“Licensing and setting up a tiny business can cost a lot here in the UAE and Little Majlis offered us the opportunity to have an online shop without the costs and hassle of building and designing our own website.

“In the past year or two we’ve increasingly come to rely on our online sales so the website has been invaluable to our little business developing,” adds Carrie.

Stardom awaits

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For some residents, the real fun starts when the clock hits five and the spotlight starts calling. If you are musically inclined, there are options you can look at to make some extra income.

Head of business operations by day, Miraz Saleh, sheds the corporate life in the evening to spin the decks and dish out beats for partygoers.

“I started by DJing for private events of friends like birthdays and weddings then slowly moved my way up to clubs and hotels,” he recalls.

A DJ can earn around AED 3,000 for a three-hour set depending on experience and the organiser’s budget. With fierce competition, self-marketing through social media and word of mouth are essential to increase your chances of landing gigs.

“My advice is don’t compromise on your rate. Put an amount according to market standards; don’t downgrade your fees just for the gigs,” adds Miraz.

Perhaps you fancy yourself a future movie star.

The UAE has hosted a number of movie productions over the years including Furious 7, Star Wars: The Force Awakens and War Machine.

Bollywood movies in production are also constantly looking at the country as an attractive shooting destination.

Miranda Davidson Studios – the entertainment company that provides casting services for film, TV and commercials – have a talent registration page on its website for those who fancy seeing themselves as extras. CEO Miranda Davidson says hired talents can make around AED 400 to AED 2,500 on average per project.

Similar agencies here engaged in discovering talents and models both for on cam and print projects are Bareface (bareface.com) and MMG Talent (mmgtalent.com).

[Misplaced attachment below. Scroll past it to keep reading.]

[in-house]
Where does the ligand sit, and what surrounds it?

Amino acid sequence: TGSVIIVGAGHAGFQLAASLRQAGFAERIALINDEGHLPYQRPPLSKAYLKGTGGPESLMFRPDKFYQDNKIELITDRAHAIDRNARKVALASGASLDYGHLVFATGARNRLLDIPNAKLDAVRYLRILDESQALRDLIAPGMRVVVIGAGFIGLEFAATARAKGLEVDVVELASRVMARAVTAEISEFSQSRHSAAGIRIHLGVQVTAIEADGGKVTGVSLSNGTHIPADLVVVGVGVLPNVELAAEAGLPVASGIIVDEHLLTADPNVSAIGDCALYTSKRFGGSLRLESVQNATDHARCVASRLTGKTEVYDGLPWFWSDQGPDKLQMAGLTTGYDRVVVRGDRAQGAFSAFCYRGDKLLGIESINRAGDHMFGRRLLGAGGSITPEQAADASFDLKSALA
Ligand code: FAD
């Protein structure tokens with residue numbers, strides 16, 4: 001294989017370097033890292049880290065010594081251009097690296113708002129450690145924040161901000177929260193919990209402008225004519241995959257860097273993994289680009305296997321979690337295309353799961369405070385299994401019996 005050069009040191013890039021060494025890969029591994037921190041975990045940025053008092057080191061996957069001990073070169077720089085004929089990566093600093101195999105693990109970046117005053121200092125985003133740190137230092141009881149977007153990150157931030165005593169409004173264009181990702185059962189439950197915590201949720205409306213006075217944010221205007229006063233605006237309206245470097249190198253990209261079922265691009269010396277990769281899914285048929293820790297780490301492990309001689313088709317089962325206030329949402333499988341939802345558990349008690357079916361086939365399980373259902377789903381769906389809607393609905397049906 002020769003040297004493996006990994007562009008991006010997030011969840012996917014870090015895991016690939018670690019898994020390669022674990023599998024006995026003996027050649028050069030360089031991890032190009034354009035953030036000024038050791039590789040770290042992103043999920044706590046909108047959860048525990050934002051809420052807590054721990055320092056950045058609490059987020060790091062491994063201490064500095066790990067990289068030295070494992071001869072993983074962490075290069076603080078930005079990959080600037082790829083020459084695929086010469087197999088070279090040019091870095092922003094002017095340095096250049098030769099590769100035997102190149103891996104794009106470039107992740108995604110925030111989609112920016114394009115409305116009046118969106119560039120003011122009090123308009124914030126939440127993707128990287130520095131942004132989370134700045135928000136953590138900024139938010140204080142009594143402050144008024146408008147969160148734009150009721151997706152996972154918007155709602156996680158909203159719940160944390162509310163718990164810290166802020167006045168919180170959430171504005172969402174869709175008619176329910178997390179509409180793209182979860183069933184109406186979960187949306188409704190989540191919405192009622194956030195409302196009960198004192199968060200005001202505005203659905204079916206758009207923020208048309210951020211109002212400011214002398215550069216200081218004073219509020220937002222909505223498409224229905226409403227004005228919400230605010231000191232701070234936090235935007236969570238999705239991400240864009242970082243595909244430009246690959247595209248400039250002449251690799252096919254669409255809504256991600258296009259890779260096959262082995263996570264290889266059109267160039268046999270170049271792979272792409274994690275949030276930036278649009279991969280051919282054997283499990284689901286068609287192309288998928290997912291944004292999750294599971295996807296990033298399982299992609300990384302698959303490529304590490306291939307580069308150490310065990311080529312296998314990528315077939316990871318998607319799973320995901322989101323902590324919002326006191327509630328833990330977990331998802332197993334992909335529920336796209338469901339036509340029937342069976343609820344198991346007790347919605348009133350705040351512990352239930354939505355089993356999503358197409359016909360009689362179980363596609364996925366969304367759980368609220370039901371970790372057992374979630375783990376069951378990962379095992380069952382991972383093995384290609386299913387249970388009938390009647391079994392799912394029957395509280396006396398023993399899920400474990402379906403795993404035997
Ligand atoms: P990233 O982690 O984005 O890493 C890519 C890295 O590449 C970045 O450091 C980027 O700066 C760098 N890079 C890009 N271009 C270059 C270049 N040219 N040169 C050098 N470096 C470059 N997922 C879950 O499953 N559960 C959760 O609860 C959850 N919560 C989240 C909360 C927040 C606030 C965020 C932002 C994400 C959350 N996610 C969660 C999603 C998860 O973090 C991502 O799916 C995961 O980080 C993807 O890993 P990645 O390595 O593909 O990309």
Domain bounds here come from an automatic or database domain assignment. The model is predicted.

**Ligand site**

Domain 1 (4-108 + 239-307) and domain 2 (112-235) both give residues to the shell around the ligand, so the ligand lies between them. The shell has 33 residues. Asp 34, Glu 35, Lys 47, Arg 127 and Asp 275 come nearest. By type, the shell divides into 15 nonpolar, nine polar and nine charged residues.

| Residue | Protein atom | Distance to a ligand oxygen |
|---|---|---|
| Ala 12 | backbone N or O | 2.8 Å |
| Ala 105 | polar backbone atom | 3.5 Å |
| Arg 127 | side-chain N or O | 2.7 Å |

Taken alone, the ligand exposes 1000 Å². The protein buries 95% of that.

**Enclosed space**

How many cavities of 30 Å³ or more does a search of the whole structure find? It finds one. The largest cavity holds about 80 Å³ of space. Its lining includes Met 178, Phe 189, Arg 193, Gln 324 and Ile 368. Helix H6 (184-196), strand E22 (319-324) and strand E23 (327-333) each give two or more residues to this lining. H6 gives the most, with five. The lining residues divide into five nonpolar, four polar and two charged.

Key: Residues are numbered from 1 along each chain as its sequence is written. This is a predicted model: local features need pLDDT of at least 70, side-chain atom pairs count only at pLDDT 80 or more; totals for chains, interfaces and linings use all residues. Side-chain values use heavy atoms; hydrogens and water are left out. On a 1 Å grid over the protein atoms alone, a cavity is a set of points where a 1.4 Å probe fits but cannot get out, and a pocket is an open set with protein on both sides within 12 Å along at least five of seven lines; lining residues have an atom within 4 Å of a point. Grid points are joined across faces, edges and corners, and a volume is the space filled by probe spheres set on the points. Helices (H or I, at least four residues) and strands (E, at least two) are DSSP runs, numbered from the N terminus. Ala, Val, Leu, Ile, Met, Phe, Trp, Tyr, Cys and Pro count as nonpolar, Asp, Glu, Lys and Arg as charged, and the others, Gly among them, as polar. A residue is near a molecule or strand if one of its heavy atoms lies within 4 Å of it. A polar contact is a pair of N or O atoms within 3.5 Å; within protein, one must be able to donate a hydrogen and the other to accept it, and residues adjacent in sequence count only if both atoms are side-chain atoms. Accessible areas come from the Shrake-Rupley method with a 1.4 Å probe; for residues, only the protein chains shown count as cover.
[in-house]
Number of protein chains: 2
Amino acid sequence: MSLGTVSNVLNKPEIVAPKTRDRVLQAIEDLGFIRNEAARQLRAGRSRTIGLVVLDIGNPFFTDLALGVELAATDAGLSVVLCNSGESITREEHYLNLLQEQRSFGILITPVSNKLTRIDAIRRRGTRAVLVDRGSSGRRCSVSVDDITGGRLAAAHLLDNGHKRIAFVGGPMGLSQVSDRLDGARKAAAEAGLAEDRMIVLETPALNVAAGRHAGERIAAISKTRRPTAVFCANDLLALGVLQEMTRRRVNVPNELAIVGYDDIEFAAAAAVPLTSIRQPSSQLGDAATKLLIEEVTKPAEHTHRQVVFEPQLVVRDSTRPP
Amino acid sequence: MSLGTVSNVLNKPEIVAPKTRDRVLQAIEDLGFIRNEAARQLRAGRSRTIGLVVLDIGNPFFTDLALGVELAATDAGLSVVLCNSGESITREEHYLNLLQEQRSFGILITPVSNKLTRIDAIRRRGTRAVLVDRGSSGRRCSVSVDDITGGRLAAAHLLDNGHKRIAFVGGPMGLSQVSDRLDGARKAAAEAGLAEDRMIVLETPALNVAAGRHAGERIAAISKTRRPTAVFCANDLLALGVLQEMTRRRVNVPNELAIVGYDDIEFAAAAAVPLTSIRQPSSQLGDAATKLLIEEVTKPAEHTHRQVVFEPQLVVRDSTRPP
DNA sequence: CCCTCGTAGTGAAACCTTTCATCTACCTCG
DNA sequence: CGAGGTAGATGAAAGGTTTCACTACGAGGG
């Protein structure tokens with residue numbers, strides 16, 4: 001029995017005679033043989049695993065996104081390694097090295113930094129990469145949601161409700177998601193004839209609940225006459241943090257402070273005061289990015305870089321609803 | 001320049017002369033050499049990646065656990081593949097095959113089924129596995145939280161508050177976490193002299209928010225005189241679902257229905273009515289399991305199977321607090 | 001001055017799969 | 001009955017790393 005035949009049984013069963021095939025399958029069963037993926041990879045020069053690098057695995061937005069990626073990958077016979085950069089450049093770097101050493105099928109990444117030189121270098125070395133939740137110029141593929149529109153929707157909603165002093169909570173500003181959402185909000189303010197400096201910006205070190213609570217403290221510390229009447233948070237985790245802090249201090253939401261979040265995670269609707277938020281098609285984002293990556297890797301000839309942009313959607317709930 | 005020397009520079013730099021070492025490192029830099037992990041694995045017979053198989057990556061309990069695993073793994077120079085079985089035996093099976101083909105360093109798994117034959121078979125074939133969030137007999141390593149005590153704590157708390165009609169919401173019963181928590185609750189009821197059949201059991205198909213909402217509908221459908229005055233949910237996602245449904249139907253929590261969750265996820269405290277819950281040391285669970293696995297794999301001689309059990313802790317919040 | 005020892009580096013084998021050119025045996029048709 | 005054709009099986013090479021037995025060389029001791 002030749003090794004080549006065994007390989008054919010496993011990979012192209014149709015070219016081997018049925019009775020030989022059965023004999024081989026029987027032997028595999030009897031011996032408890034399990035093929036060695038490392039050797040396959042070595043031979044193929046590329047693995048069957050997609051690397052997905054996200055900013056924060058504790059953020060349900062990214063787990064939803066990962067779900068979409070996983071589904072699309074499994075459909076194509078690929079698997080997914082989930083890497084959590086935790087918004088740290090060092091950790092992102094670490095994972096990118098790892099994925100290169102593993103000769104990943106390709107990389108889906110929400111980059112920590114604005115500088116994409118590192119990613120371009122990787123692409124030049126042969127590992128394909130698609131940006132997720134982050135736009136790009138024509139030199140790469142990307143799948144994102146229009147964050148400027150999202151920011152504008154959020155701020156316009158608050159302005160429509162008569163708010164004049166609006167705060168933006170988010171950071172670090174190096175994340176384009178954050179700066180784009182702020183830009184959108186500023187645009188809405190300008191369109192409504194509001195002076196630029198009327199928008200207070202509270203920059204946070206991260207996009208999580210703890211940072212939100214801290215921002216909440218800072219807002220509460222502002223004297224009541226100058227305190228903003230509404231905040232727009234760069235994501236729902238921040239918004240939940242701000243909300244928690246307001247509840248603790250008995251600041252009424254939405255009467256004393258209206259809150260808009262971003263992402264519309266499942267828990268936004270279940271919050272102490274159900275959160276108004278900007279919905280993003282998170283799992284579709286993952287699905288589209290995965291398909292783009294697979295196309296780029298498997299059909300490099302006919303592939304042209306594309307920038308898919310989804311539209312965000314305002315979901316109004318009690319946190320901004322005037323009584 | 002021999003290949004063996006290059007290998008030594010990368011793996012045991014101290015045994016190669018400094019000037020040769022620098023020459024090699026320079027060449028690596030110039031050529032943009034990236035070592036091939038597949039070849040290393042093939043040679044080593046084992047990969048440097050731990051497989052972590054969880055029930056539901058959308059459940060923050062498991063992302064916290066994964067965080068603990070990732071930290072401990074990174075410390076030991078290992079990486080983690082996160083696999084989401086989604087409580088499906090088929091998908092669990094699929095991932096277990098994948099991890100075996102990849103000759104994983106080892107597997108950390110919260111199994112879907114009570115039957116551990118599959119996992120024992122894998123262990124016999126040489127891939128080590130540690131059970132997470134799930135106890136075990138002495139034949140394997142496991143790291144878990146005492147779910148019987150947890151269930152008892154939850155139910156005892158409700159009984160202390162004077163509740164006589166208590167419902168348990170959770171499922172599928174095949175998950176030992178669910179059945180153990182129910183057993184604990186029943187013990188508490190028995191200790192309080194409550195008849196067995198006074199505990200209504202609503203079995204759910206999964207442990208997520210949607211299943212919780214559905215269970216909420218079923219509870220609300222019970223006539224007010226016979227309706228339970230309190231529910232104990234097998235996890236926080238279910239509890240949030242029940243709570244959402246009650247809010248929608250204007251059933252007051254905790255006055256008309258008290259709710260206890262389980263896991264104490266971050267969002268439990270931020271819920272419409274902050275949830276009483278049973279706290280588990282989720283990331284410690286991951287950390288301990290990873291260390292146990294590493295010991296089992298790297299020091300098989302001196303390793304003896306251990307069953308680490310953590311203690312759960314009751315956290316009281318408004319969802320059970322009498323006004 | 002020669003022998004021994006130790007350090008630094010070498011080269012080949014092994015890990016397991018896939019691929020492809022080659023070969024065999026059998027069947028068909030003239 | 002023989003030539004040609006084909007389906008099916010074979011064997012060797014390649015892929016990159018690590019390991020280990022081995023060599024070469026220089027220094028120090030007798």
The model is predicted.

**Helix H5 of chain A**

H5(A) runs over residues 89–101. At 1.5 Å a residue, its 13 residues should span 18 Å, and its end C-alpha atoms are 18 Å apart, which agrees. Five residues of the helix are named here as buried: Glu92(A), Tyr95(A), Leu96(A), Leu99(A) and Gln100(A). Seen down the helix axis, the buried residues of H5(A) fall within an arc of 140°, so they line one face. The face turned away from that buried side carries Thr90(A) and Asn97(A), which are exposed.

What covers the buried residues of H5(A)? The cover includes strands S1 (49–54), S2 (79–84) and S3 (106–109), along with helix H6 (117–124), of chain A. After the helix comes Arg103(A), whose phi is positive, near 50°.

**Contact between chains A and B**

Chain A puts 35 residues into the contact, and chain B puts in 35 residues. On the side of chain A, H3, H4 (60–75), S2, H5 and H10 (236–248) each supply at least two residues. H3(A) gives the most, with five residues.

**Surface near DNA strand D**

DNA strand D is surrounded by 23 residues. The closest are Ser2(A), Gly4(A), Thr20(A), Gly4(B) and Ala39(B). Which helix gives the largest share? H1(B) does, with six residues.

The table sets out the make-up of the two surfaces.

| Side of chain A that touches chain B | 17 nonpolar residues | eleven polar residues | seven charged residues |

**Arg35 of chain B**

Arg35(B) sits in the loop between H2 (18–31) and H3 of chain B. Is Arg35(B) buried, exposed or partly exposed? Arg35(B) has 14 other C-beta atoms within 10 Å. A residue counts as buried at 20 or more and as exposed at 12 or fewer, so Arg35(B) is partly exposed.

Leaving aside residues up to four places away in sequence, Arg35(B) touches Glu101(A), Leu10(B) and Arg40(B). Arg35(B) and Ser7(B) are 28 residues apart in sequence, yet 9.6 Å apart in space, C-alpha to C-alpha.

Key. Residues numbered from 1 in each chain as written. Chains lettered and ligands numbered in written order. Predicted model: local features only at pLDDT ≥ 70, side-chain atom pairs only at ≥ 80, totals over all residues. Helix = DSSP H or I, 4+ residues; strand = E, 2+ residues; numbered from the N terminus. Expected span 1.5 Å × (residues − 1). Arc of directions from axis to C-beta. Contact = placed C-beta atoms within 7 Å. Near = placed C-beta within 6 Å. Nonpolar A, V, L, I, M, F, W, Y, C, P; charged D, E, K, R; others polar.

More great ideas (Freelance!) 

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There are a handful of websites dedicated to freelancing for individuals skilled in web and mobile app development, graphic designing, writers, personal assistant, transcriptionist, marketing experts and much more.

Looking to freelance and connect with companies and entrepreneurs as a freelancer? You can sign up to online sites like upwork.com, project4hire.com and elance.com.

On the local front, we have nabbesh.com where individuals can register and offer their services. Again, note that you need a licence to freelance so study the options available to ensure you’re following the regulations.

The country’s rich expat population means there’s room for translators and even language teachers. One way to scout for opportunities is through your home country’s embassy here as they often get enquiries for recommendations.

Passionate about baking? You’ll be glad to know that there’s a market here for customised cakes (particularly for children’s parties. You can start by joining bazaars to get the word out or meet event organisers. Note, you need a valid UAE Trade License relevant to the food being sold or prepared.

Good at painting? Group up with fellow artists in the community for possible exhibitions where you may be able to sell some works.

Is your voice deep, tonal, and rich? Why not try dabbling in the field of audiobook voice acting? Sign up on acx.com, and audition by recording a few lines from chosen manuscripts found on the website’s database.

Keep an eye on contests such as design, digital short films and photography as some offer cool cash prizes. Many talented artists and shutterbugs in the city have won in these sponsored competitions.

Make it legal

Selling items and offering services for a fee online or offline requires necessary permits  in the UAE.

To sell online, you will need to secure an e-commerce licence through the Department of Economic Development (DED). Another option is registering through a freezone, where an authorised consultant will guide you through the procedures.

The same process applies when applying for a trade license, the permit given to all businesses big or small.

Bazaar sellers are also required to have a license. However, in some cases market organisers can help them in obtaining permits which will allow them to participate.

Writers, designers, animators and other media professionals wanting to freelance, Dubai Media City is the place to go for licensing.

Finally, employers will have different policies about their employees earning extra money.  So, make sure to check your employment contract and consult with your company’s HR department before going ahead.

Looking for help? These companies can assist you obtain the correct licence and permit: